The world of Esports has been on a steep rise – Now it’s truly coming to light in the absence of traditional sport

Here is our short introduction to professional esport gaming and a guide through some of these Esports.


With the traditional sports world all but shutting down, the casual sports bettor is now taking notice of Esports. These days, punters and traditional sport lovers alike are looking for something to have a flutter on and Esports has become a lean-to for many who would never have considered it before. With organisations from Munster Rugby to Formula 1 getting heavily involved, it’s clear that there’s no time like the present to jump right in!



See: F1 Drivers compete in Esports Virtual GP



History, Tournament and Match Structures

Although the history of professional Esports is relatively short, the world’s first Esports tournament was actually staged in October of 1972, at Stanford University on Spacewar! Things have come a long way since then with professional leagues now commanding entrance fees of up to million per team and tournaments such as DOTA2’s ‘The International’ giving a 1st place prize of .6 million. That’s bigger than the likes of the FedEx Cup in 2019 where Rory McIlroy collected million for his troubles.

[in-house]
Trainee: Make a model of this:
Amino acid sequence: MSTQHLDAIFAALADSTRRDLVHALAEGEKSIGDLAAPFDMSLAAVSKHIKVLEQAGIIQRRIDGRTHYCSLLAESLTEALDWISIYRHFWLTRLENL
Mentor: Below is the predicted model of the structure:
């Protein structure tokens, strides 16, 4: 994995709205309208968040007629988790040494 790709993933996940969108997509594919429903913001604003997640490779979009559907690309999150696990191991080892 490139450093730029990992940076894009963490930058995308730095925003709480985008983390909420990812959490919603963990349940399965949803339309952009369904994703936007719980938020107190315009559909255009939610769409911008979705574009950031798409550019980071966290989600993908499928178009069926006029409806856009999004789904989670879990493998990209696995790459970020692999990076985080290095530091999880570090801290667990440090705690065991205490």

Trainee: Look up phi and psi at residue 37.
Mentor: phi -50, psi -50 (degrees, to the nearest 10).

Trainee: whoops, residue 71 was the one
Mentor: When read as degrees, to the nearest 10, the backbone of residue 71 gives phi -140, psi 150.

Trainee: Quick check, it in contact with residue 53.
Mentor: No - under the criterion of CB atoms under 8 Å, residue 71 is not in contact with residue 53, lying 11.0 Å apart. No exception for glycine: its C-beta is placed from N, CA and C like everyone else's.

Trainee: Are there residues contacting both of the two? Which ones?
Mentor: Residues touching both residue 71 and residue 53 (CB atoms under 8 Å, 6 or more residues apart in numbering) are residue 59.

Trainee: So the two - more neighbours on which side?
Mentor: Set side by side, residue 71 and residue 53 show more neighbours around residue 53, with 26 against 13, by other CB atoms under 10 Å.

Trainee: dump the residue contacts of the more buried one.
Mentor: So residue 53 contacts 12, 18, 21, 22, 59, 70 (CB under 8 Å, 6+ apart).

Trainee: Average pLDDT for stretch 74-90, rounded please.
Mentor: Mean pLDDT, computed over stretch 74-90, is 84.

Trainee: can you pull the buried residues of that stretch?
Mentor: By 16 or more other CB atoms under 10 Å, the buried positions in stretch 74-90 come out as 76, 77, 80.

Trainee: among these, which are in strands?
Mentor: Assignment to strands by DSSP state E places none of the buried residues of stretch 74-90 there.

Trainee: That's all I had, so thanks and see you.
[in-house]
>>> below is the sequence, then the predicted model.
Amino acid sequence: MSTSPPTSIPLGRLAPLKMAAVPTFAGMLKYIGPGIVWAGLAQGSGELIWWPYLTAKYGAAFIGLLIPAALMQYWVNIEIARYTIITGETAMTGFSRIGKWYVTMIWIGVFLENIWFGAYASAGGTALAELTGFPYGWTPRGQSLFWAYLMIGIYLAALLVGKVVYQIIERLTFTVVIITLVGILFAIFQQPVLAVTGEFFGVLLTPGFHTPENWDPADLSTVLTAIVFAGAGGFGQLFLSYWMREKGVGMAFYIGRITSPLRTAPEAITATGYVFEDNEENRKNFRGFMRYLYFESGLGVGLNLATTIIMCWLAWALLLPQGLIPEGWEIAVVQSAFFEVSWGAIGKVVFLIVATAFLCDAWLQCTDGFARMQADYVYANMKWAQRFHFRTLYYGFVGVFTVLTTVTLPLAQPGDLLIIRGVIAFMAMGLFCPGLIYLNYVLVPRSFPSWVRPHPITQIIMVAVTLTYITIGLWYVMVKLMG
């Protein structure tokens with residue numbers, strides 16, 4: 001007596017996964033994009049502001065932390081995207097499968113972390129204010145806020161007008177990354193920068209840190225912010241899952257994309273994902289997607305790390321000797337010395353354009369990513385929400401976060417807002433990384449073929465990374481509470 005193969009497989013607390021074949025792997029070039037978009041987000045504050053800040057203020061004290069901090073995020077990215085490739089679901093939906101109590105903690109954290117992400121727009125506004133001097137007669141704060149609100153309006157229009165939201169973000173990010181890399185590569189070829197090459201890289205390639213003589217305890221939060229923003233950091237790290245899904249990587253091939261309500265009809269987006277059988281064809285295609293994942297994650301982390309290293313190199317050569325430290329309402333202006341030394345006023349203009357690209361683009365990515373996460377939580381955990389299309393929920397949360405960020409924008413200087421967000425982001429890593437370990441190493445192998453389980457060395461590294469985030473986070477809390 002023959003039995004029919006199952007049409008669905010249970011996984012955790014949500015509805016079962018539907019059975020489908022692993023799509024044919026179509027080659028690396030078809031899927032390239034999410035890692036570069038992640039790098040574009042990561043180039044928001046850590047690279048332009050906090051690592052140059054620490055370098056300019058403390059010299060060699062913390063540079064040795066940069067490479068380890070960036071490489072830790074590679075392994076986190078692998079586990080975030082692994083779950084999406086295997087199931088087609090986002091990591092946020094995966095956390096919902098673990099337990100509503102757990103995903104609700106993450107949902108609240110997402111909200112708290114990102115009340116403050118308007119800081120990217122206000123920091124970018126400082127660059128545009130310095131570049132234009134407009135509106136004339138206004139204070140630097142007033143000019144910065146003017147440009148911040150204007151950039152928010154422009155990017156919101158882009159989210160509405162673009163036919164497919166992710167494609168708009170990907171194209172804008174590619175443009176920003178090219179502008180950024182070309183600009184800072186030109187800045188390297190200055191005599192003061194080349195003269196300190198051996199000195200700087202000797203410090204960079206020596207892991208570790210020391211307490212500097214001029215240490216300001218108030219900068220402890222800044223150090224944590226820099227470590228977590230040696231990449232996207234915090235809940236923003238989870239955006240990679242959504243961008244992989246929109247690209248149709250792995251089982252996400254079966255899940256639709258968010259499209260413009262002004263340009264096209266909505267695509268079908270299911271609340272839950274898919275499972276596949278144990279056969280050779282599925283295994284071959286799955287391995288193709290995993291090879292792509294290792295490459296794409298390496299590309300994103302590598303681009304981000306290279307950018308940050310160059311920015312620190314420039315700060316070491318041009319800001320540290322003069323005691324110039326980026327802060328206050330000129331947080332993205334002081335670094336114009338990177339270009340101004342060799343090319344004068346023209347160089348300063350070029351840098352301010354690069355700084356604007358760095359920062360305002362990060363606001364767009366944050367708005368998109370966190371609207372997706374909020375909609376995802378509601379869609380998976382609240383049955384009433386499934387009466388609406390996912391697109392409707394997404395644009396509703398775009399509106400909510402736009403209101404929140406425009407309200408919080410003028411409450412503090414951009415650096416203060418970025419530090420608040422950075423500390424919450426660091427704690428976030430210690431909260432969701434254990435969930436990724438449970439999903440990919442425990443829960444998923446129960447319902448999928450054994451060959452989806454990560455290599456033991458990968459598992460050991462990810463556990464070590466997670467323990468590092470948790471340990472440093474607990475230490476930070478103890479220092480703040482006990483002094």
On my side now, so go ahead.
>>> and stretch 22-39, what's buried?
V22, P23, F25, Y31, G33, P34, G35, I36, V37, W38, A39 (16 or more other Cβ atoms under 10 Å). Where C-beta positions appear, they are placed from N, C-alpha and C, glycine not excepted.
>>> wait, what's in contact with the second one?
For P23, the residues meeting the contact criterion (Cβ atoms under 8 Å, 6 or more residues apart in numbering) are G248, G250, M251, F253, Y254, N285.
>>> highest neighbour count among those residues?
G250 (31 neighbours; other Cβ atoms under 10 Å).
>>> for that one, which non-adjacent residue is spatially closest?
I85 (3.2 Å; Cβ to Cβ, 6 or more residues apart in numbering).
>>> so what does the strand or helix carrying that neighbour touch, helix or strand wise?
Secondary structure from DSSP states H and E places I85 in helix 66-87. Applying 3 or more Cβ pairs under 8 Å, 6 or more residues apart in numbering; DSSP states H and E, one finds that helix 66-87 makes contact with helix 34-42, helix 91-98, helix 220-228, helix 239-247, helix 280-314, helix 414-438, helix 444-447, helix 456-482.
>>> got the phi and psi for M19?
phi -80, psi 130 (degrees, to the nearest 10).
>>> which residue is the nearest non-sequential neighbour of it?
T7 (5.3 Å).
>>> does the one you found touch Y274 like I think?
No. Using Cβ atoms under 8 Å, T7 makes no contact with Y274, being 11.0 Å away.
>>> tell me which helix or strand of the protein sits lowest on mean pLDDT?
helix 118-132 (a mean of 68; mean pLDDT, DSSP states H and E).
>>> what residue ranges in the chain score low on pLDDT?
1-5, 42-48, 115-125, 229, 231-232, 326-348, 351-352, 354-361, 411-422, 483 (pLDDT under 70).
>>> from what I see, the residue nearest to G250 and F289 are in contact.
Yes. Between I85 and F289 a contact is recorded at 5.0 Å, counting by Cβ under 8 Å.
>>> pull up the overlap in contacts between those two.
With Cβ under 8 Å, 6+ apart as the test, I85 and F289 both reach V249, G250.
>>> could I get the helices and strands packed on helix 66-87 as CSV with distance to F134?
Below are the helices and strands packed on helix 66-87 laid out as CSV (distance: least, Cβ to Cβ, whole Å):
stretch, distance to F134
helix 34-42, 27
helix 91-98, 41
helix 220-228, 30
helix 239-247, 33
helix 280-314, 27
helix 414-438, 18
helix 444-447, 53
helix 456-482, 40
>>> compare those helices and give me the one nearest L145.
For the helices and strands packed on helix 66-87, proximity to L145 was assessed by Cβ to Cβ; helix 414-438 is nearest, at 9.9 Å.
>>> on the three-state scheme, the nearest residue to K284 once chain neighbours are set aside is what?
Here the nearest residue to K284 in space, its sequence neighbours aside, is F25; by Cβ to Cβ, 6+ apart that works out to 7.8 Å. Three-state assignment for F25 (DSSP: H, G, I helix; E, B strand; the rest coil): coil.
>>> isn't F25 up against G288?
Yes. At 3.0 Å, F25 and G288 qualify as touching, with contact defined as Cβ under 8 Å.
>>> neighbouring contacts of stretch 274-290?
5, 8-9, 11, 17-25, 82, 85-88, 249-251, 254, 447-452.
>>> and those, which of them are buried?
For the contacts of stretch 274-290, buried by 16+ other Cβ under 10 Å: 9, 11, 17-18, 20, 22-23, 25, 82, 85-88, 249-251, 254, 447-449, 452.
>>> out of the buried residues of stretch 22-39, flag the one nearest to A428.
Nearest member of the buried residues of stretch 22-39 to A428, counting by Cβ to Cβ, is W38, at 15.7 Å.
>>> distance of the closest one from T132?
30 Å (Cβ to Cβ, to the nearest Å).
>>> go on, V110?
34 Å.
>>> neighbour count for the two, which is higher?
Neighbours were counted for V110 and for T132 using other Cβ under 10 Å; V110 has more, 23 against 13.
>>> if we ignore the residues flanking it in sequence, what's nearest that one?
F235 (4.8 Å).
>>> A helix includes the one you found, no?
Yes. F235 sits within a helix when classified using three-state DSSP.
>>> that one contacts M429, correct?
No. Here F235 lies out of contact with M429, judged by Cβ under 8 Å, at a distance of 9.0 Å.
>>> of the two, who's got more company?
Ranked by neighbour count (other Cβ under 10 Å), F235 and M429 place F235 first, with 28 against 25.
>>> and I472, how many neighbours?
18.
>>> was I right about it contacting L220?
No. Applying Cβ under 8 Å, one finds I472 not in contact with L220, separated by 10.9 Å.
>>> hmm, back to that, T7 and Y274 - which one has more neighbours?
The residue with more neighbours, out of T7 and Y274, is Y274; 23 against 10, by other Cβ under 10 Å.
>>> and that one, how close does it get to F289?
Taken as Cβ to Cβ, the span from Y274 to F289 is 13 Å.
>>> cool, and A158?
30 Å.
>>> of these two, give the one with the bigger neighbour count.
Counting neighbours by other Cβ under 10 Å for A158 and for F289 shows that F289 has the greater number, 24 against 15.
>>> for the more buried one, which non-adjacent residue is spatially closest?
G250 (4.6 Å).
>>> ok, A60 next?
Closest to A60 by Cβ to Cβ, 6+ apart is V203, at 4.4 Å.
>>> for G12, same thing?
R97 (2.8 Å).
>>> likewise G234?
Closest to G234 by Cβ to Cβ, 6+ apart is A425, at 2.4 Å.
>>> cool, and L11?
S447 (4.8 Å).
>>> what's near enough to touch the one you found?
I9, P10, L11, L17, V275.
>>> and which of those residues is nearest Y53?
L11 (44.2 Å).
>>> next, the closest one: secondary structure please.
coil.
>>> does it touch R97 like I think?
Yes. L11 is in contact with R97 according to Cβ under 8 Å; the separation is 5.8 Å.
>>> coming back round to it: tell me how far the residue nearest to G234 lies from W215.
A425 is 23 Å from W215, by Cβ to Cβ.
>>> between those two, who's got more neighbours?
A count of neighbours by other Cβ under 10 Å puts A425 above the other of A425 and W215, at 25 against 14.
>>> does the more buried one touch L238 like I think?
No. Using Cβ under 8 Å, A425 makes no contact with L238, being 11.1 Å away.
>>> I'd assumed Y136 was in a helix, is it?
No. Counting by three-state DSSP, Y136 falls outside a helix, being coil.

Fixtures usually last between 1-3 hours, depending on the Esports title (Counter Strike: Global Offensive, Call of Duty, DOTA 2 and more). Competition structures will vary between Leagues and Cups, with leagues running for weeks or months and culminating in play-offs (think NFL). Cups have a few different paths to victory, these normally follow one of three structures:


  • Group Stage into playoffs – Groups of teams play a Round-Robin to decide who reaches the knockout stage.
  • Single Elimination Bracket – Round of 16, Quarter Final, Semi Final etc, win and you’re in!
  • Double Elimination Bracket – Similar to Single elimination but upon losing a match, a team will then drop into a lower bracket for a chance at redemption 

Teams or Players will typically play more than one match in a day, sometimes even against the same opponents. It’s not uncommon for a team to play multiple times vs another in the same competition with results being reversed; subtle adjustments are often the difference between winning and losing at the top level.


Popular tournaments unfolding right now are the ESL Pro-League (CS:GO), LCK Spring Split (League of Legends) and the LPL Spring Split (League of Legends).


Play is fast and player reaction times are even faster. Unlike traditional sports, the overwhelming majority of Esports is broadcasted via the internet (mostly to Twitch.tv) for free. Commentary and game breakdown are both done professionally to make it easy to understand for those of you who may be new to the Esports phenomenon.